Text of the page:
Gilbert Sterling Octavius, Jessica Herlambang, Andry Juliansen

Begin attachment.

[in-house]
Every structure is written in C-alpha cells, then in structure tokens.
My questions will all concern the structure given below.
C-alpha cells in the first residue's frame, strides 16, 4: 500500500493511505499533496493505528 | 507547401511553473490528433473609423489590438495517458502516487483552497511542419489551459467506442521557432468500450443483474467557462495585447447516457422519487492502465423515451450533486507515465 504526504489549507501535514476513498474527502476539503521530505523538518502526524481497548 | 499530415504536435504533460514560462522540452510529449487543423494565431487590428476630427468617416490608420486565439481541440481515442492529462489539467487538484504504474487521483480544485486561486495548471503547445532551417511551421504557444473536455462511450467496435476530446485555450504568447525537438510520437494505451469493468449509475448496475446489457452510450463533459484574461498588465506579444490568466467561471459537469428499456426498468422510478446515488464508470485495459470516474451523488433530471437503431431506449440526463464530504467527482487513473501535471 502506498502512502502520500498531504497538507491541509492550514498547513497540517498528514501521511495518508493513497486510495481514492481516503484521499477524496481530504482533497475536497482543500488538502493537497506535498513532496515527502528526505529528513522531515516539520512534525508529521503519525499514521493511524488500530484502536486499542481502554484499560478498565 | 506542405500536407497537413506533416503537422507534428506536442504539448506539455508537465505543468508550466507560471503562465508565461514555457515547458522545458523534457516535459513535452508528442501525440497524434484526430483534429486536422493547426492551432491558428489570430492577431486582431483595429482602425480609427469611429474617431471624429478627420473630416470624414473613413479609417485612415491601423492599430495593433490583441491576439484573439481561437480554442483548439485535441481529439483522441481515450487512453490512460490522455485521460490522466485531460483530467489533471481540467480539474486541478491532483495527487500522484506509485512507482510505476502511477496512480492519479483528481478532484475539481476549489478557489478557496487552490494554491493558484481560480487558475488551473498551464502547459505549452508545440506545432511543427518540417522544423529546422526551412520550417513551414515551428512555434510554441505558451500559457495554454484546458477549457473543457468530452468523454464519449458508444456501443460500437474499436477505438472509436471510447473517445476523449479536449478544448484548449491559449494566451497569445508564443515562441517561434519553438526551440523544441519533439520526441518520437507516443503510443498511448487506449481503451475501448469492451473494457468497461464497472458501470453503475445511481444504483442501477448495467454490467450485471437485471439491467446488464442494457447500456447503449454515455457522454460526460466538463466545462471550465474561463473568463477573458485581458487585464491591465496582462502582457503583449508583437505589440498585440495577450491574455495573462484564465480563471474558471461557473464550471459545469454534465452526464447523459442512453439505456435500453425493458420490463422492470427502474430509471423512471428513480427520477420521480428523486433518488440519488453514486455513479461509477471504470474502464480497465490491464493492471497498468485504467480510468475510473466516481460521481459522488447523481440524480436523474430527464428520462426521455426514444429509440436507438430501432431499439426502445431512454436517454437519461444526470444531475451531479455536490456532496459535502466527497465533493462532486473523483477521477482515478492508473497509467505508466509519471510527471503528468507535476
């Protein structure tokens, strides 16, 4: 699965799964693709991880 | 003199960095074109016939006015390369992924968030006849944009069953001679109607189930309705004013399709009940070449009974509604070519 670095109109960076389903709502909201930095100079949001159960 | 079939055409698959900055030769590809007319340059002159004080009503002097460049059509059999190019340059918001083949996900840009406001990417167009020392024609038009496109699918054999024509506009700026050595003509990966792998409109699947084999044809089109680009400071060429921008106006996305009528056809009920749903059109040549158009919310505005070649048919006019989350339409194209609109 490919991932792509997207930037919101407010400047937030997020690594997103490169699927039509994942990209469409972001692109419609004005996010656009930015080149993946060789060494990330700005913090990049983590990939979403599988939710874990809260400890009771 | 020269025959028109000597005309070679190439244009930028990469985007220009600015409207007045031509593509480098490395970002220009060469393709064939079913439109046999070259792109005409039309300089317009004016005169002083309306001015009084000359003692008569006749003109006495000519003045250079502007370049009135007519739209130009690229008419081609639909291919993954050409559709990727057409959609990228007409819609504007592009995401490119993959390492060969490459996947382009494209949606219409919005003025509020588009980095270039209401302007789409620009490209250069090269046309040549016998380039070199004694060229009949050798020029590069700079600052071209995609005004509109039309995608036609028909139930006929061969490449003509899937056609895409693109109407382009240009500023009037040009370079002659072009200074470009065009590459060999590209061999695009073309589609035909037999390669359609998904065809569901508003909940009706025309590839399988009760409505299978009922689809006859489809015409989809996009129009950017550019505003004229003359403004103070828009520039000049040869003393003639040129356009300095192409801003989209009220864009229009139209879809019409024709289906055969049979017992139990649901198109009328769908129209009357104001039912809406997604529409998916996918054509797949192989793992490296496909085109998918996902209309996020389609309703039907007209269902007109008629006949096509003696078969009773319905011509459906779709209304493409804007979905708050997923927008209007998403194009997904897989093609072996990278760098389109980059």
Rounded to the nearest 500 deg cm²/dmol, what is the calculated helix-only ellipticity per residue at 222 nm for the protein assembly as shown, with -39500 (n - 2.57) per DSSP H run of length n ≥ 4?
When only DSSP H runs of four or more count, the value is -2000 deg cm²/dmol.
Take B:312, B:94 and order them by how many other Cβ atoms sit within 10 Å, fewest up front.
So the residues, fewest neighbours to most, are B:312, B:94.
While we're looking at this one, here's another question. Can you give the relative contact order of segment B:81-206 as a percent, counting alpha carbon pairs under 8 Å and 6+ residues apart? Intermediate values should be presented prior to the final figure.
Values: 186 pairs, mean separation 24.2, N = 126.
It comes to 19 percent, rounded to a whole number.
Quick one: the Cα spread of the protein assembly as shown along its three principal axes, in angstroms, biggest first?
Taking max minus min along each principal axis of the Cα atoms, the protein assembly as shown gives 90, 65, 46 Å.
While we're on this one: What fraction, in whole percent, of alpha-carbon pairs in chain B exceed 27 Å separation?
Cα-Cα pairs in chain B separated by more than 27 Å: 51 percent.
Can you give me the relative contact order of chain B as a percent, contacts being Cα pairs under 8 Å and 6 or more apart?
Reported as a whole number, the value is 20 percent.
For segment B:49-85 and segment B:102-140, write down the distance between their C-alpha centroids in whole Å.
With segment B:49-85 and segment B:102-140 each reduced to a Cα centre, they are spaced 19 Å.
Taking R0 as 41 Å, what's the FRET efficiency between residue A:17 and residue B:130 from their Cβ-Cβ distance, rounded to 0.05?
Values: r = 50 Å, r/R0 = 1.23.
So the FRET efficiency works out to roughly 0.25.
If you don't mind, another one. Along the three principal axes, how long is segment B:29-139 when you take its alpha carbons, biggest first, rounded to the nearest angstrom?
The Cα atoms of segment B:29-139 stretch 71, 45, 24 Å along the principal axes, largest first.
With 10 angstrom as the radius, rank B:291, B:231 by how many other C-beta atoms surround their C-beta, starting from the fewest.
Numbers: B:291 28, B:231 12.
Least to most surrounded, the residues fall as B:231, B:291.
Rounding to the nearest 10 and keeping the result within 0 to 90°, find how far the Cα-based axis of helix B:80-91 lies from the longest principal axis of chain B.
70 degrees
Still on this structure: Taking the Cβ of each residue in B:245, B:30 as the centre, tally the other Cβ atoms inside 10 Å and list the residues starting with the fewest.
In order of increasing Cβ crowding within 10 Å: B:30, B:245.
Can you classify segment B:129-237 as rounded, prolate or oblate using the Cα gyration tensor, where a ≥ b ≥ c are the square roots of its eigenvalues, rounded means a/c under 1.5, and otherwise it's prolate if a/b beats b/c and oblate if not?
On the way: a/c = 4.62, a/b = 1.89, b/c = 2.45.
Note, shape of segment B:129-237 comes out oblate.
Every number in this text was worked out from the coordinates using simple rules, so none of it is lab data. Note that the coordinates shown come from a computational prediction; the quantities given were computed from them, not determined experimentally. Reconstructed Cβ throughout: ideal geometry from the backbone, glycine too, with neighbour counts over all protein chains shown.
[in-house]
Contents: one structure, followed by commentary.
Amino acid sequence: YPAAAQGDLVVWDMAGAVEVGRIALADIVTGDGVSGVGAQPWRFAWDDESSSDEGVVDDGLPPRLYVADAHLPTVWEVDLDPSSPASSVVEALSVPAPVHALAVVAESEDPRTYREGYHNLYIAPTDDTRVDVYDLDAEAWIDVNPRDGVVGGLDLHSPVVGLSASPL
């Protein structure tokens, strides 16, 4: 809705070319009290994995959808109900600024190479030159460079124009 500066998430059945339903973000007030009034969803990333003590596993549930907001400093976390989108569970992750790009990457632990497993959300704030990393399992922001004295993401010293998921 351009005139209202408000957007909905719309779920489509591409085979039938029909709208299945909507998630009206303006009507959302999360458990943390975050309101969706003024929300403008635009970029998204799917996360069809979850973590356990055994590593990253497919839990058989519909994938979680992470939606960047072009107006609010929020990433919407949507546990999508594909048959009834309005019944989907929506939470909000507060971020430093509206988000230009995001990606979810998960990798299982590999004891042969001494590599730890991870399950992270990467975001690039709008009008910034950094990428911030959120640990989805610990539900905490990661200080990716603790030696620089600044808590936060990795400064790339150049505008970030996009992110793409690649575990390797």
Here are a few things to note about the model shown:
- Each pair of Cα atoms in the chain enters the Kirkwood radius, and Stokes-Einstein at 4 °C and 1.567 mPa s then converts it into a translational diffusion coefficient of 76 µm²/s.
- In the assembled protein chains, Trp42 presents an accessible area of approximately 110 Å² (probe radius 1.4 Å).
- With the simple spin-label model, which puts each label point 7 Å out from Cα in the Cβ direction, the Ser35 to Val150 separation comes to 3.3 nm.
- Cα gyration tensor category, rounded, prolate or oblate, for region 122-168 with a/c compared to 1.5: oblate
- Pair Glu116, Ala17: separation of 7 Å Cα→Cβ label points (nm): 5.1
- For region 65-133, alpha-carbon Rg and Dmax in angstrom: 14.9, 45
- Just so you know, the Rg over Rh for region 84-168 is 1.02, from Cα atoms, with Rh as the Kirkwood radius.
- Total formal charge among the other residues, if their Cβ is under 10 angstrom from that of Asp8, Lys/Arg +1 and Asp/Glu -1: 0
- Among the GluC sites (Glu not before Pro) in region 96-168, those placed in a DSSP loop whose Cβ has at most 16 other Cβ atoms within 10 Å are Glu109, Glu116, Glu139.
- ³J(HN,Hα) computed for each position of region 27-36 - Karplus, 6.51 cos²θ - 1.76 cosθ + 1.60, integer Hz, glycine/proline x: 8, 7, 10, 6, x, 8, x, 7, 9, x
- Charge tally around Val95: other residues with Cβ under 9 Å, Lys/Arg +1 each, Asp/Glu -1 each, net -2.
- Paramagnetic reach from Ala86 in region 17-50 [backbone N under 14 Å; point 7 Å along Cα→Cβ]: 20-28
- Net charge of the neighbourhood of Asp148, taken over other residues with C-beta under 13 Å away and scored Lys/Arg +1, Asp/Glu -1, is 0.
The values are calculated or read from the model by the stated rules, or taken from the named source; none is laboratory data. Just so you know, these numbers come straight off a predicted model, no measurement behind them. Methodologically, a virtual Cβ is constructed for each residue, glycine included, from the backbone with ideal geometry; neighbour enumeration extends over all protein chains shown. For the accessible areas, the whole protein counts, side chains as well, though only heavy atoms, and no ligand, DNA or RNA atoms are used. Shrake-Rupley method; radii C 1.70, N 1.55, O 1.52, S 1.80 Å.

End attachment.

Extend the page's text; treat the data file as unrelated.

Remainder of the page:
OBJECTIVE: Moya-moya disease (MMD) is a rare and chronic vasculopathy characterized by progressive stenosis at apices of the internal carotid artery (ICA) including the proximal anterior cerebral arteries and middle cerebral arteries (MCA). Moya-moya disease rarely causes seizures in children and cannot always be recognized easily. Seizures occur in approximately 5% of patients secondary to an ischemic lesion or hypoperfusion, usually starting in childhood. This patient has an angiographic appearance of moya-moya and down syndrome and hence classified as moya-moya syndorme (MMS). In this case report, we present a 9-year-old girl with down syndrome (DS) who presented with weakness and seizure. CASE: A 9-year-old girl presented with acute onset of left-sided weakness with facial weakness and generelized clonic seizure. Birth history and family history were unremarkable. On physical examination, she had a mongoloid face with flattened nasal bridge and almond-shaped eyes suggestive of DS. There were weakness on left extremities with a motoric strength of 4 and left central facial nerve palsy. Electroencephalography shows slowing brain waves in the left frontal lobe. Brain MRI non contrast showed infarct at bilateral frontal lobe, lateral ventricle, bilateral corona radiata and basal ganglia. MRA showed occlusion at right distal internal carotid artery and bilateral middle cerebral artery with prominent collateral arteries at cysterna basal, perimesencephalic and basal ganglia. She was treated with aspirin, phenytoin, baclofen and folic acid. The patient was discharged with improvement and underwent regular physiotherapy. CONCLUSION: Moya-moya disease is a rare vascular cause of childhood stroke and when associated with DS, it is diagnosed as MMS. The natural history of MMS tends to be progressive and patients often suffer cognitive and neurologic decline due to repeated ischemic stroke or hemmorhage while seizures worsens the prgonosis. Hence, awareness has to be raised for cerebrovascular events in patients with epilepsy.